Mostly this is all just background noise; a combination of people's inherent distrust of EU policy, fear of change, and love of grumbling.

So I was surprised this evening when, as I explained the situation to a customer, she came out with the phrase, "Oh good lord Jesus, save us from this wicked world." With not even the slightest hint of sarcasm.

I felt that this was maybe a slightly over-the-top reaction to being forced to use more energy efficient bulbs that might help delay the complete extinction of the human race by a few weeks. But, as a mere till monkey, I know better than to express an opinion; so I got on with scanning her stuff, put it all in a bag and said, "That'll be £16.55 please, madam."

Which she took as her cue to explain to me how Jesus would return to us one day, and show us the way forwards, but the Antichrist would try to make us all believe that he was lying, and that we had to put our faith in him, and something about how one day everything and everyone will be wiped out and the world will be returned to all it's original beauty and splendour, and she wasn't exactly sure how it was going to happen, but it definitely would...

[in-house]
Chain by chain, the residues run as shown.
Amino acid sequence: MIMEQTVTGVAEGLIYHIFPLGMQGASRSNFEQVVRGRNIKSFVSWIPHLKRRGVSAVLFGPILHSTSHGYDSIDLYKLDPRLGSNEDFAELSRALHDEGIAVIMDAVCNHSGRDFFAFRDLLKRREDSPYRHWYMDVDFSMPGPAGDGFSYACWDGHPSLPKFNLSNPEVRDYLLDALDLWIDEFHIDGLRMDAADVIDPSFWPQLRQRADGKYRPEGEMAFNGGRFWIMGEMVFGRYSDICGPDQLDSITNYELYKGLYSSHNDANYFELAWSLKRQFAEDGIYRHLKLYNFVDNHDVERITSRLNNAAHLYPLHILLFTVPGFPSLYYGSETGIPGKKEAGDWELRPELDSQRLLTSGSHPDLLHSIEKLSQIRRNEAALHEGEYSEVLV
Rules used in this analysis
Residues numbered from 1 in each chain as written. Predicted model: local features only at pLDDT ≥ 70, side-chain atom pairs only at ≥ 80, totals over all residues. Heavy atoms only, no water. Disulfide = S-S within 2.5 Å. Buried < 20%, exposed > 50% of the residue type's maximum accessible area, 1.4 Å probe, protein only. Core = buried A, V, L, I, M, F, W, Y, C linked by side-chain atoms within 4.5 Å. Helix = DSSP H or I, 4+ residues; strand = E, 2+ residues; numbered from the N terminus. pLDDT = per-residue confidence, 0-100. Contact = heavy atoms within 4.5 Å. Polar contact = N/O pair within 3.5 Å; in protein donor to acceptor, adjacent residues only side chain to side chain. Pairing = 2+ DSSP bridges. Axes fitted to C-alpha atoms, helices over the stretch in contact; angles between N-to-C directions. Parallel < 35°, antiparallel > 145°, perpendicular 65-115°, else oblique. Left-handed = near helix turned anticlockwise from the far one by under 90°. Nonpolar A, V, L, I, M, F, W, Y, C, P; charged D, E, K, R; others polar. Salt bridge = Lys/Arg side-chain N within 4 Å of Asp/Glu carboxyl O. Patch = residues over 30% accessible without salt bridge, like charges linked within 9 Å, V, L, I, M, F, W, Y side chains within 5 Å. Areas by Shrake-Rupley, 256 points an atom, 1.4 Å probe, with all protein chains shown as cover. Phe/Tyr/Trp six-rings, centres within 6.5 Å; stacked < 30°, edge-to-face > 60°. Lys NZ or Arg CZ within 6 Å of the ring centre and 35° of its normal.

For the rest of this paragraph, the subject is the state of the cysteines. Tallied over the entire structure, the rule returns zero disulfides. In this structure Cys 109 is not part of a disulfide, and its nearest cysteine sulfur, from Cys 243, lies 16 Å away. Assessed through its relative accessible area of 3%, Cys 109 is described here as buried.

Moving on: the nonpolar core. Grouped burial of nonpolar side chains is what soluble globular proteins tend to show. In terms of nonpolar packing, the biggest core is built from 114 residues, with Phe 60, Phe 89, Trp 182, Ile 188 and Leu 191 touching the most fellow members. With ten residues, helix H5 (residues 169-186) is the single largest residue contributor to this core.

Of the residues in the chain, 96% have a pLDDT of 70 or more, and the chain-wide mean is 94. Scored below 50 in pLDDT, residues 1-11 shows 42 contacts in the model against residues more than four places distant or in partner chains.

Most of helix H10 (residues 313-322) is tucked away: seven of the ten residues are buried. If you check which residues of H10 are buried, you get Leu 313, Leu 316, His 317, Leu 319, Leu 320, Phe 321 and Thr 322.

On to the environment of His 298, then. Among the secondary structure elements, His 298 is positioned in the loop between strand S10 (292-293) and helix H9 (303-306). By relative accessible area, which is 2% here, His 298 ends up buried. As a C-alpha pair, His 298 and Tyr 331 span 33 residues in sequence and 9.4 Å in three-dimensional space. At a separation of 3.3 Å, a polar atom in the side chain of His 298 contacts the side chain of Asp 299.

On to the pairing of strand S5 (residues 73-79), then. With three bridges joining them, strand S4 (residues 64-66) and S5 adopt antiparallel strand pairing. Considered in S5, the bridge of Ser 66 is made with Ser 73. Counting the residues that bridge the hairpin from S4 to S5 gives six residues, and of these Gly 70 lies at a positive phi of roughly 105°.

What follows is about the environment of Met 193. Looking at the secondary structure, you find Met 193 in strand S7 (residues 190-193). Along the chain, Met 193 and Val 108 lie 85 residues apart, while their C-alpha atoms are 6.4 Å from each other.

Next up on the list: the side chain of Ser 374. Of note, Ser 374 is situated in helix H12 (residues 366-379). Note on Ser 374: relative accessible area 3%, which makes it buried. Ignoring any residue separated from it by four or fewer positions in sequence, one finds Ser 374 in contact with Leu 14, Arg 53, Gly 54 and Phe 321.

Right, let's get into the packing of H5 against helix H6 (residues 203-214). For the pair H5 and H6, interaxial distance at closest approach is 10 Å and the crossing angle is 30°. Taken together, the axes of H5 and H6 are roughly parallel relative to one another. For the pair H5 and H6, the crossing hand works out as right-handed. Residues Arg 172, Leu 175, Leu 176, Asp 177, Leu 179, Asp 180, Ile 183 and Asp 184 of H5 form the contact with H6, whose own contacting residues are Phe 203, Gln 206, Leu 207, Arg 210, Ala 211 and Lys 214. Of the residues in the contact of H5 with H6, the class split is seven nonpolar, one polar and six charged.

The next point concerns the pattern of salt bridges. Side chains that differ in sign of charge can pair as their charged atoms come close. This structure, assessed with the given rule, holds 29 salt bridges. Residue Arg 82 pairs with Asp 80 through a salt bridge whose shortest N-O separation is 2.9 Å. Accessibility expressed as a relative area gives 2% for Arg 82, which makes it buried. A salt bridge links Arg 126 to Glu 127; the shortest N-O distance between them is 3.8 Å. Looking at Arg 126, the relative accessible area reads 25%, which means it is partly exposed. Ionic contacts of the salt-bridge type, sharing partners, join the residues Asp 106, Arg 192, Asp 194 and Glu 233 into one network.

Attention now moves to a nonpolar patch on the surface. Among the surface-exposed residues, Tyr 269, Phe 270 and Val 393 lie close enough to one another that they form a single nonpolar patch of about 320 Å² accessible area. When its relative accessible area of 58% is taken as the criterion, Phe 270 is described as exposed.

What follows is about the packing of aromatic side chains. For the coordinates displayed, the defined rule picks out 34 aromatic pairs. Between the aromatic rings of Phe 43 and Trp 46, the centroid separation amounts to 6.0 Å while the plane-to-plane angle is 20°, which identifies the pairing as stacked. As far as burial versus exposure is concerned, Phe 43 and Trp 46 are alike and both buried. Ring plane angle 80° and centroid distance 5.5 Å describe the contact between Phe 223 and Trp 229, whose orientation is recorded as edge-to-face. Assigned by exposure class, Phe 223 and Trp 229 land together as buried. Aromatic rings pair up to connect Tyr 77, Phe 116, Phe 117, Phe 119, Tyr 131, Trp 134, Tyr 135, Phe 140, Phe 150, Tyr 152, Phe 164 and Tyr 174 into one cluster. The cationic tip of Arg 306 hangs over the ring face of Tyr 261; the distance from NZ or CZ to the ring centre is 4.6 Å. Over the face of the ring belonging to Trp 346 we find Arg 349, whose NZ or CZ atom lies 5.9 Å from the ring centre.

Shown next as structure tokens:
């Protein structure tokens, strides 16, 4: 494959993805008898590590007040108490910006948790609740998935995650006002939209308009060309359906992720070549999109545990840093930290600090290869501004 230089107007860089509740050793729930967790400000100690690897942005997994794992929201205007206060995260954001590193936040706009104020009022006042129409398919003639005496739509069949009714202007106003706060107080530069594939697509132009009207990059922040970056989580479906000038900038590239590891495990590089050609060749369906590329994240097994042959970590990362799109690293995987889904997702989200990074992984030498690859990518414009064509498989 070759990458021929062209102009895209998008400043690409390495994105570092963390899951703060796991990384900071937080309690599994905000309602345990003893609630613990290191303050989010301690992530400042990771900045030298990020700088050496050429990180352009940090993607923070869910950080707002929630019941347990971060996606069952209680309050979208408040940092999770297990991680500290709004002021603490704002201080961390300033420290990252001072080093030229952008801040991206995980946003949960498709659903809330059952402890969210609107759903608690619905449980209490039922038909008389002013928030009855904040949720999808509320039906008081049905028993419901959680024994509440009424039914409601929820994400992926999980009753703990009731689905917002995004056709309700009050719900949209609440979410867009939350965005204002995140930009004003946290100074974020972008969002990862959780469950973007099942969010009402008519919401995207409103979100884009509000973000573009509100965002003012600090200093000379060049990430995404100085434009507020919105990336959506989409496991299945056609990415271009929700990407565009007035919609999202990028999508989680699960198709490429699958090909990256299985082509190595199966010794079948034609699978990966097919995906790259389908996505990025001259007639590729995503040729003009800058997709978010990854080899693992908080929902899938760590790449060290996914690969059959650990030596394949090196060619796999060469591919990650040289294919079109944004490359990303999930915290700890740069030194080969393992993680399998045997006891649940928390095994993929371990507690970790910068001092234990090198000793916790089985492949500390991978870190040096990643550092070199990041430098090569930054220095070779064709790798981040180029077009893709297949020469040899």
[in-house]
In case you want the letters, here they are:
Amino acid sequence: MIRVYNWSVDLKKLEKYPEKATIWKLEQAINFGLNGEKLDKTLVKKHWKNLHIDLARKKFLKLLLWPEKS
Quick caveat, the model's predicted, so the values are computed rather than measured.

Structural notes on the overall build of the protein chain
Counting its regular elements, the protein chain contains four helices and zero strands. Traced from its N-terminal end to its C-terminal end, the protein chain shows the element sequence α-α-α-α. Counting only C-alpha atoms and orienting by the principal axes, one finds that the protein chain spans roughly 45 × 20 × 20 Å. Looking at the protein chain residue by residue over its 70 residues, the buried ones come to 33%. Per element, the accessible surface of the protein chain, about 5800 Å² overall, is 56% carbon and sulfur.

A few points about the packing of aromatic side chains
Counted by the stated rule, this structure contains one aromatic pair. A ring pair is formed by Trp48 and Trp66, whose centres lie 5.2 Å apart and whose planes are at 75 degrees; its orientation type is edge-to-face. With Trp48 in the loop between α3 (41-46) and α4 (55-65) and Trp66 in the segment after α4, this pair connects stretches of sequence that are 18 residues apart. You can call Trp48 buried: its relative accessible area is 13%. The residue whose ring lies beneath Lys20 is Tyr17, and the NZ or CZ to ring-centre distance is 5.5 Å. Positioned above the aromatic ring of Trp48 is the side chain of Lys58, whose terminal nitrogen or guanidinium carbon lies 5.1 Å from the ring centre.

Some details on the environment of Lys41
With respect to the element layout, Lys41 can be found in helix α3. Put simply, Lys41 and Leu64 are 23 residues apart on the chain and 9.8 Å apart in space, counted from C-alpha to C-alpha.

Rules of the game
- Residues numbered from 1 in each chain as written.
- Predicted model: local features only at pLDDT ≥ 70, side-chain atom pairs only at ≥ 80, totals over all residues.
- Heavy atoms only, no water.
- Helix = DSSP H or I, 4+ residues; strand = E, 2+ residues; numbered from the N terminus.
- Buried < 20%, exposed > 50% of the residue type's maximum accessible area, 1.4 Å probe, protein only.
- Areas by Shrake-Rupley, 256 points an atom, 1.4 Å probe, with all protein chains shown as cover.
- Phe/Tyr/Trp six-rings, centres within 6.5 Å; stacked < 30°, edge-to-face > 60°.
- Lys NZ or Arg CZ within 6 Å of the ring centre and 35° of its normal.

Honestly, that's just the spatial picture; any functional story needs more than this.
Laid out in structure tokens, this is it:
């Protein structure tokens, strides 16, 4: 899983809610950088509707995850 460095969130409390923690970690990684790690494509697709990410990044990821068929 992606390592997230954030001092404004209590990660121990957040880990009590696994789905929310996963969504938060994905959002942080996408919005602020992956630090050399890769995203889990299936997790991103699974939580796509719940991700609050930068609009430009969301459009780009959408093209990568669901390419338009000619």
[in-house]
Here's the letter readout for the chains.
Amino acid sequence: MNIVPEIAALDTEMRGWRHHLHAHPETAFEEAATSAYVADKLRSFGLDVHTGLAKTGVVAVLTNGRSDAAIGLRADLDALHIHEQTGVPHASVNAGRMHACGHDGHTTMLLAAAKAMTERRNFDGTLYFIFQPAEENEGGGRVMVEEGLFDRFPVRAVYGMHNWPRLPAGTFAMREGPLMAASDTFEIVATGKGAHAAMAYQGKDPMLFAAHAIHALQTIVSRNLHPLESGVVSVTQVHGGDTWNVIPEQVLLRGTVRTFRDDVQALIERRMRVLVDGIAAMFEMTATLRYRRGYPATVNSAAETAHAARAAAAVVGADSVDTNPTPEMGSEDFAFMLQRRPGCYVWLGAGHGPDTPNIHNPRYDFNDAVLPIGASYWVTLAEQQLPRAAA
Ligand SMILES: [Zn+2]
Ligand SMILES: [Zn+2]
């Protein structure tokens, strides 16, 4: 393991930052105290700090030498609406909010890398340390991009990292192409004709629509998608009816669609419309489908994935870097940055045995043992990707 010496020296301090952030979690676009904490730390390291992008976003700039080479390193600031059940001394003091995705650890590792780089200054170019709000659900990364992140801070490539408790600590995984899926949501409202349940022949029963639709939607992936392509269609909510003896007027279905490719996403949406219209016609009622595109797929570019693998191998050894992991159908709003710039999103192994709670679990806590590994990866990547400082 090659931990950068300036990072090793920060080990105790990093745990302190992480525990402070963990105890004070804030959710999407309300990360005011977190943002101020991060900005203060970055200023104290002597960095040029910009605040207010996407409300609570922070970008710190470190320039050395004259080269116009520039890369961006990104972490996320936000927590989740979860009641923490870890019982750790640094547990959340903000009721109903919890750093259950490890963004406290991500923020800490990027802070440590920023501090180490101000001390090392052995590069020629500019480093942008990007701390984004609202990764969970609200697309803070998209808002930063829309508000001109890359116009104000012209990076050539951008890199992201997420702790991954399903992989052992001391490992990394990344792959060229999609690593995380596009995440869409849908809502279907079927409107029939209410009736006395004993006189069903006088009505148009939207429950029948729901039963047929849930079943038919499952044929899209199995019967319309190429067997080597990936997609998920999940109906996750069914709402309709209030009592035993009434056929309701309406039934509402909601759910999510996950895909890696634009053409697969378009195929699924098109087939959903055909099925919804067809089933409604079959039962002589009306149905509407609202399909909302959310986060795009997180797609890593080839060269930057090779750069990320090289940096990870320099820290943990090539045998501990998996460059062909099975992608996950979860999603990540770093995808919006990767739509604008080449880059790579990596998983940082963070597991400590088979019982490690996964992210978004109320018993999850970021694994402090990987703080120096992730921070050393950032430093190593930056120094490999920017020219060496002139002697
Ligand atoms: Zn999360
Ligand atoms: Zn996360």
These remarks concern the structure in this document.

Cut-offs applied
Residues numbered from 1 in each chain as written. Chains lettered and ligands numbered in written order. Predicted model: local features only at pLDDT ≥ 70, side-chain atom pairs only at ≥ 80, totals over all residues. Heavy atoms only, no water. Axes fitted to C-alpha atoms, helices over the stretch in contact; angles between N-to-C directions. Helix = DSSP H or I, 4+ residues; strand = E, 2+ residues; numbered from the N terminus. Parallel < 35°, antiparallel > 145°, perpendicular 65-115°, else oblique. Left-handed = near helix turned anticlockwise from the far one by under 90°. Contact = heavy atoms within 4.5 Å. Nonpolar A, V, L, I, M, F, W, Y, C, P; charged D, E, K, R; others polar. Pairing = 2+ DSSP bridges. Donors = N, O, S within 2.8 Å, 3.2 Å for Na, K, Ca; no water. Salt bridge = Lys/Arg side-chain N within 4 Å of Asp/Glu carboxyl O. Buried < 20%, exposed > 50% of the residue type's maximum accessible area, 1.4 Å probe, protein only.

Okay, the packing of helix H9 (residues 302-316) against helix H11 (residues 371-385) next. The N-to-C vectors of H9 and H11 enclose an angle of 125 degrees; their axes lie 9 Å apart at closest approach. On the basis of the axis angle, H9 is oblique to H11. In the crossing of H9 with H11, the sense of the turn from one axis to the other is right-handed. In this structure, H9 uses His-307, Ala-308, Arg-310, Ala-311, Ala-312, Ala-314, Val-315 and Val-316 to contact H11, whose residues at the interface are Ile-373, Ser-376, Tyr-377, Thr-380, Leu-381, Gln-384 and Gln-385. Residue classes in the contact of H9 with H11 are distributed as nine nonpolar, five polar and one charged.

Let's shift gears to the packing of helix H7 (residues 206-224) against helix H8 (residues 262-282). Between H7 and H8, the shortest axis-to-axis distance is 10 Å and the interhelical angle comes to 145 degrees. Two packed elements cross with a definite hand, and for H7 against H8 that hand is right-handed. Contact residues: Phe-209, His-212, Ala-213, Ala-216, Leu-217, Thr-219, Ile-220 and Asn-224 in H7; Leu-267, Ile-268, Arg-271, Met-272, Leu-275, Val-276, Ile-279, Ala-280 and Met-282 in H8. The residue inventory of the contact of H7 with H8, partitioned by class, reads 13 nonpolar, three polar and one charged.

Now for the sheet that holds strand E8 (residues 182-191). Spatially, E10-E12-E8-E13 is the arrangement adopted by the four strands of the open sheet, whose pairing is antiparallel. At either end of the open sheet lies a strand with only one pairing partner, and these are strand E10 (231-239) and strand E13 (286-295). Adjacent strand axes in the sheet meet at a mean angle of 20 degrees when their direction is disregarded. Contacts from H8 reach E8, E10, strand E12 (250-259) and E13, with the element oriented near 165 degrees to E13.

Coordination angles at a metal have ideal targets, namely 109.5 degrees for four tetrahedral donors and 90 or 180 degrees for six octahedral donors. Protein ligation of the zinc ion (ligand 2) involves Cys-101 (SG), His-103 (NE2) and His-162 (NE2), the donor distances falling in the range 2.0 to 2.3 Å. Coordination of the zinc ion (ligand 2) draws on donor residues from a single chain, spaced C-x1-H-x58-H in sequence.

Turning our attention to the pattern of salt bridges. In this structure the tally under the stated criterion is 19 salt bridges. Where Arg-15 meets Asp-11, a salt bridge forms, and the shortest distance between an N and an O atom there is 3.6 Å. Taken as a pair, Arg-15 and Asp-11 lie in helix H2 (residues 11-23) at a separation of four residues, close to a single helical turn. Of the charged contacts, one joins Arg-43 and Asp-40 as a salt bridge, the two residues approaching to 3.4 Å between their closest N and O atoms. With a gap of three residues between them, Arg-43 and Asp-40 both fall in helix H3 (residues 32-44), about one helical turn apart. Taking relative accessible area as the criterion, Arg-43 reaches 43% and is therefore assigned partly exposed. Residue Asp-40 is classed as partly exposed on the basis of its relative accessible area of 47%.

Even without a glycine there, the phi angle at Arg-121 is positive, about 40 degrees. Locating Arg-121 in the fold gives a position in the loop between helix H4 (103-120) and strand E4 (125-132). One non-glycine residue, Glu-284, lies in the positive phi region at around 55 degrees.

I quickly started to glaze over, an instinctive reaction to stop her rampant insanity from infecting me through the pores of my skin and warping my fragile little mind. She could not be stopped, not even slowed down, no matter how many times I said stuff like, "Really?", "That'll be nice", and "So, how about that £16.55 then?"

A European ban on 100W and frosted incandescent light bulbs was the herald of the rise of the forces of evil, and prelude to the second coming of our Lord Jesus Christ.

This woman was consumed, irrational, capable of anything.